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The cost of Web Services as a Platform?

Tim O’Reilly is definitely one guy moving the fast lane. For awhile now he’s been covering how websites such as and eBay are beginning to look more like an application rather than just a site that lets you buy books or sell stuff online. They offer many other services on top of their base services which you can access via many Web Services APIs and blah blah blah.

You can find more of Tim’s writing on this here and here.

In many ways Tim is quite right about this becoming a paradigm shift. However, one has to wonder if this is eventual and how will the players turn out? To create a web services as an application first of all you need to be able to AFFORD to keep running your service. This requires lots of other ancillary-seeming things such as a web server, an application framework to hold all of yotur web services, an Internet connection, power, machines to run all of these thiings. And MOST importantly, data of some sort.

This in my opinion puts out a lot of smaller players from being able to consistently compete in this web services as an application game. The costs will eventually bleed you to death on those side parts and large companies are easily able to throw money to provide many of those other parts. And providing the web service isn’t necessarily going to get you money unless you charge for it. But then you need to offer a service people are WILLING to pay for and at the current moment many of these services as applications are dirt cheap to outright free. That doesn’t leave great margins for competing unless you have another core business that you can make money on to fund your ventures into this new territory. Obviouslly O’Reilly Associates doesn’t ahve to worry about this from the business point. They make money on books. So does Amazon.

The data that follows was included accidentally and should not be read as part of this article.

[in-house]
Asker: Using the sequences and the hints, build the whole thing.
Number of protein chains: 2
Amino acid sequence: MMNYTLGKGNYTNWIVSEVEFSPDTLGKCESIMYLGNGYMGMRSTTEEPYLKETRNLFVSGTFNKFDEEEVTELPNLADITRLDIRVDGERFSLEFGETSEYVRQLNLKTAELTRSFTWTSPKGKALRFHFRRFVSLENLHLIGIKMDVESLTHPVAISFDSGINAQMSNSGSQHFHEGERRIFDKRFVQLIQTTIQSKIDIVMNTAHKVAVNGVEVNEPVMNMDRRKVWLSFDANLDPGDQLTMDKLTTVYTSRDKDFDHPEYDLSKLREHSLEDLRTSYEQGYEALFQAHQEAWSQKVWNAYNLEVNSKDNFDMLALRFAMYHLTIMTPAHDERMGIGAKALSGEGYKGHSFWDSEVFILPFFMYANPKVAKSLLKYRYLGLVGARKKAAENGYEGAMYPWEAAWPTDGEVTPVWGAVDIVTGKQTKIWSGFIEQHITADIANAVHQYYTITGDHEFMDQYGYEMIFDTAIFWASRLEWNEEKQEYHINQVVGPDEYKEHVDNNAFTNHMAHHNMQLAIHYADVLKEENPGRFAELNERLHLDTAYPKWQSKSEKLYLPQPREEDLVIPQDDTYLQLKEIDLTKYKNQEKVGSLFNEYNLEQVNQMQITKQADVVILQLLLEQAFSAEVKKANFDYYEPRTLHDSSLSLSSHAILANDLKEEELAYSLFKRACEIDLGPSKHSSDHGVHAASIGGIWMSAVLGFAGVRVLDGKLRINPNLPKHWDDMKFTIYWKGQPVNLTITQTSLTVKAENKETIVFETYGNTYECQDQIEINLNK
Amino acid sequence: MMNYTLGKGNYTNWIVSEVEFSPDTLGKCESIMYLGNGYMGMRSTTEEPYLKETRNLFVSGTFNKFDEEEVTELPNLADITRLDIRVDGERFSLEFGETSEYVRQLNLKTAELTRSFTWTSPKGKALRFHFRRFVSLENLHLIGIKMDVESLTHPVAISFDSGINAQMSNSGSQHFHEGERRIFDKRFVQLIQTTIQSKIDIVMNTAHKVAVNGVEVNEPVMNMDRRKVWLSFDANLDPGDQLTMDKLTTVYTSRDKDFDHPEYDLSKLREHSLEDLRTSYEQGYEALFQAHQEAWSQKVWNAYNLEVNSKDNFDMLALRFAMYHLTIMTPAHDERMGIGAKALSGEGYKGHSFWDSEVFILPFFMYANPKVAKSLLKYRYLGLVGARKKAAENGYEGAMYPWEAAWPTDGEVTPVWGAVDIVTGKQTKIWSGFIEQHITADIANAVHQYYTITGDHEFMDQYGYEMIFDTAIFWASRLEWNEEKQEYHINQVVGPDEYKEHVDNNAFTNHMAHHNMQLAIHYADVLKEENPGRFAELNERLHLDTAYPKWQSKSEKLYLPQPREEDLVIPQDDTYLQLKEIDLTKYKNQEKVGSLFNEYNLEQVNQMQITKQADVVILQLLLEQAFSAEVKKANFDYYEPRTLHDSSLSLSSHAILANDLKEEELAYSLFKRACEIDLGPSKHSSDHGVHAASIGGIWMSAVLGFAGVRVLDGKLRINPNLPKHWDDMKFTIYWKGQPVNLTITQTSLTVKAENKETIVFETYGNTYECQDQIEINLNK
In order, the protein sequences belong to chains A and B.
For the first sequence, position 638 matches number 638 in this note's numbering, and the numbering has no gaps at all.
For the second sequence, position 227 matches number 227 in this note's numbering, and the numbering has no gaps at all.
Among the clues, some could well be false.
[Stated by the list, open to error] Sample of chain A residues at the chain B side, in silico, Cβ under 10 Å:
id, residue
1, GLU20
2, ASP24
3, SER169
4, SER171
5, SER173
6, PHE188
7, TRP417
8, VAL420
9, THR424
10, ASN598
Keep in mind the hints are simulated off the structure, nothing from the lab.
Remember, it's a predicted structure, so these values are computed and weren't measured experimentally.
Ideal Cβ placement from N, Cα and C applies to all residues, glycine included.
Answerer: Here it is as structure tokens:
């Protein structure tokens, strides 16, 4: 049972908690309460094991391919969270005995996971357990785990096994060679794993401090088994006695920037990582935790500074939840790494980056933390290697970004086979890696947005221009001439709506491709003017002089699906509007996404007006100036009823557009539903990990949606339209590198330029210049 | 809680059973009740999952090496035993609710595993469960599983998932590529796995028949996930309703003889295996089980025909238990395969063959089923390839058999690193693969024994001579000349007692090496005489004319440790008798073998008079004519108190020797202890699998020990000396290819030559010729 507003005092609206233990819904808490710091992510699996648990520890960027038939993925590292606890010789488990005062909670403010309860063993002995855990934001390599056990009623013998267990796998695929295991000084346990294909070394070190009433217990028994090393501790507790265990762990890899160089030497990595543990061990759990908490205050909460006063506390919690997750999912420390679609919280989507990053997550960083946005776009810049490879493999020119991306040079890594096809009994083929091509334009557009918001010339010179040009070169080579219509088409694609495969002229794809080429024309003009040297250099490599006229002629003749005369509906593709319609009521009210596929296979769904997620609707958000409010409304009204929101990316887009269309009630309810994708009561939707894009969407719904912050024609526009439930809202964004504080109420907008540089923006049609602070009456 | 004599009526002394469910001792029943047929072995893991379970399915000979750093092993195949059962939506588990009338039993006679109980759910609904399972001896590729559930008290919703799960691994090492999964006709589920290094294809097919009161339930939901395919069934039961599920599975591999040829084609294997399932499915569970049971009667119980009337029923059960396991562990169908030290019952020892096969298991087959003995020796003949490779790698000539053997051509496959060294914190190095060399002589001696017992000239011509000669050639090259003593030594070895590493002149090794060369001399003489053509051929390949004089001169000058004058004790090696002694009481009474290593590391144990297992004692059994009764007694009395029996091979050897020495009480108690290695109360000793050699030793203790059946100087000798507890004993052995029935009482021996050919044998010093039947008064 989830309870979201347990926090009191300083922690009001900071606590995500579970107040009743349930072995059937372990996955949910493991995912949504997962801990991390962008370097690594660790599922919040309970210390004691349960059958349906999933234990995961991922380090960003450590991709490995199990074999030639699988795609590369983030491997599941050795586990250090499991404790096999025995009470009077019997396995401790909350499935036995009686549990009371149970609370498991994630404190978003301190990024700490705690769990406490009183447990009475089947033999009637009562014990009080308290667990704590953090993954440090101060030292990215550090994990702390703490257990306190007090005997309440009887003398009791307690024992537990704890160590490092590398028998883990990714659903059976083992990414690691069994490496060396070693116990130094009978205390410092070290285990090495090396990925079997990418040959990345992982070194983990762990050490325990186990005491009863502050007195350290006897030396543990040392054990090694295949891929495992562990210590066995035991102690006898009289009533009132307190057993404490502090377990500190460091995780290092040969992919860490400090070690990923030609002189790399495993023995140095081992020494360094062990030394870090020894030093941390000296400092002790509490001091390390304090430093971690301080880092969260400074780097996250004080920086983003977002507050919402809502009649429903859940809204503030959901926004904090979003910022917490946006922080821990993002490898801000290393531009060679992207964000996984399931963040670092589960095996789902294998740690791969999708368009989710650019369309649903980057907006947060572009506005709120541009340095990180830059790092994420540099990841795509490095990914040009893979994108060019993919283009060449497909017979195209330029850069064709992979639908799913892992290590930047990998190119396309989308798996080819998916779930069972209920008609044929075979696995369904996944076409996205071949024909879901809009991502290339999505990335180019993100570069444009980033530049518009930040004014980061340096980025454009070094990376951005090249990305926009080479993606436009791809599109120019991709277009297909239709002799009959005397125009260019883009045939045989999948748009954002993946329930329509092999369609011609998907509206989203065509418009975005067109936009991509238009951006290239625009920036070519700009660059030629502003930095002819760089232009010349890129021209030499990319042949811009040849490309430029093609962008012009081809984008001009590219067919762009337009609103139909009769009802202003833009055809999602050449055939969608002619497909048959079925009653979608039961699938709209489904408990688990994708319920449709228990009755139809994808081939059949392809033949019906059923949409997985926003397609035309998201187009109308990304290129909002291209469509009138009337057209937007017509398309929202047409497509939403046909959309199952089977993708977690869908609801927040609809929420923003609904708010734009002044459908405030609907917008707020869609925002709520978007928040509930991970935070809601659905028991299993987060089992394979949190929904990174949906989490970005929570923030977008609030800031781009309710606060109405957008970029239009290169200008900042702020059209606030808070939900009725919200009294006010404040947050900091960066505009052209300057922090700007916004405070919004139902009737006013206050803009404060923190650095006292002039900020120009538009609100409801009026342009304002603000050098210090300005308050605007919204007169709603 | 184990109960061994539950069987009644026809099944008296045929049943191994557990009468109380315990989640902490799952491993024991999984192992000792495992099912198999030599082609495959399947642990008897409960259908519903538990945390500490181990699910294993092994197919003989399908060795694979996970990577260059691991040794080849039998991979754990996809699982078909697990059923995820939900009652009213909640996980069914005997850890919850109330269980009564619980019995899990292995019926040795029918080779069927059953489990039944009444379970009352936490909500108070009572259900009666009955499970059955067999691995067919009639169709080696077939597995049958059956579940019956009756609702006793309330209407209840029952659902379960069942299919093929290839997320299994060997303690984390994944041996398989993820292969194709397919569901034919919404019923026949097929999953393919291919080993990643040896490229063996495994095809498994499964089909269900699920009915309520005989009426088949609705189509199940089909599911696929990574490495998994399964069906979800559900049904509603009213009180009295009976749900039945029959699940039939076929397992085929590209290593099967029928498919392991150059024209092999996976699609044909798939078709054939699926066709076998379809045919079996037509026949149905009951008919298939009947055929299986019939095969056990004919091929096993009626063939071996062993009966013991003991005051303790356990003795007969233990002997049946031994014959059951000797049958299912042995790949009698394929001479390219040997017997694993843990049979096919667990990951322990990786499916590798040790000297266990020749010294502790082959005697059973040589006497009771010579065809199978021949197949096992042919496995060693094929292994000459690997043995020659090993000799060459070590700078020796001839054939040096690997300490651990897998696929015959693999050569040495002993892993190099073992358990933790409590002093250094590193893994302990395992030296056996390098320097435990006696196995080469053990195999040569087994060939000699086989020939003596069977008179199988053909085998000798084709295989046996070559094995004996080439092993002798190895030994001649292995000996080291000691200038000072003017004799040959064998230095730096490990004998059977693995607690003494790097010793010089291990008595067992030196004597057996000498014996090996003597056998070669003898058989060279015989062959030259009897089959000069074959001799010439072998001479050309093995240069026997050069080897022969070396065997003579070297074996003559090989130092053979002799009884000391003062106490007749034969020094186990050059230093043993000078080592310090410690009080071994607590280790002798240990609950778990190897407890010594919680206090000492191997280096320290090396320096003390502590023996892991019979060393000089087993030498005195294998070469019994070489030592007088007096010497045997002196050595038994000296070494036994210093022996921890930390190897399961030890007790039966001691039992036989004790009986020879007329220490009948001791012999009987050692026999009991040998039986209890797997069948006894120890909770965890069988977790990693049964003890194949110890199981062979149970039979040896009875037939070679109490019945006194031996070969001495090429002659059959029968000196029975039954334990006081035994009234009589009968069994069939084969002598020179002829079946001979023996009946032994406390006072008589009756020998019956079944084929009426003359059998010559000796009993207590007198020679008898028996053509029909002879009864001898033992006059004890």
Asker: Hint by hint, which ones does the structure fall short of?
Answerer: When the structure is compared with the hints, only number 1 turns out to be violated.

So I ask… where does the small guy fit into this? I don’t see it. If you’re a small business you’re scraping buy and staying lean and hungry most of the time unless you’re in the growing phase. But that’s a different story.

If you’re a small business and you DON’T have core competencies in building these web services as an application paradigm I seriously doubt you’ll be able to afford:

  • The system builders to buidl you a system
  • The programmers involved to program the customizations for the system
  • The maintainers to maintain whatever you’ve built and keep it tracked to your core competency very well

Prove me wrong here. Sure, Open Source tools are free and the aspiring person can just d/l it and try getting started. But once you hit that thorn you’re so screwed because every minute you’re spending trying to fiddle with getting a system built into place you’re losing time on your business unless you’re willing to lose sleep which will affect your bottom line eventually.

For now I only see web services as an application for the bigger players or people with enough money to just throw around

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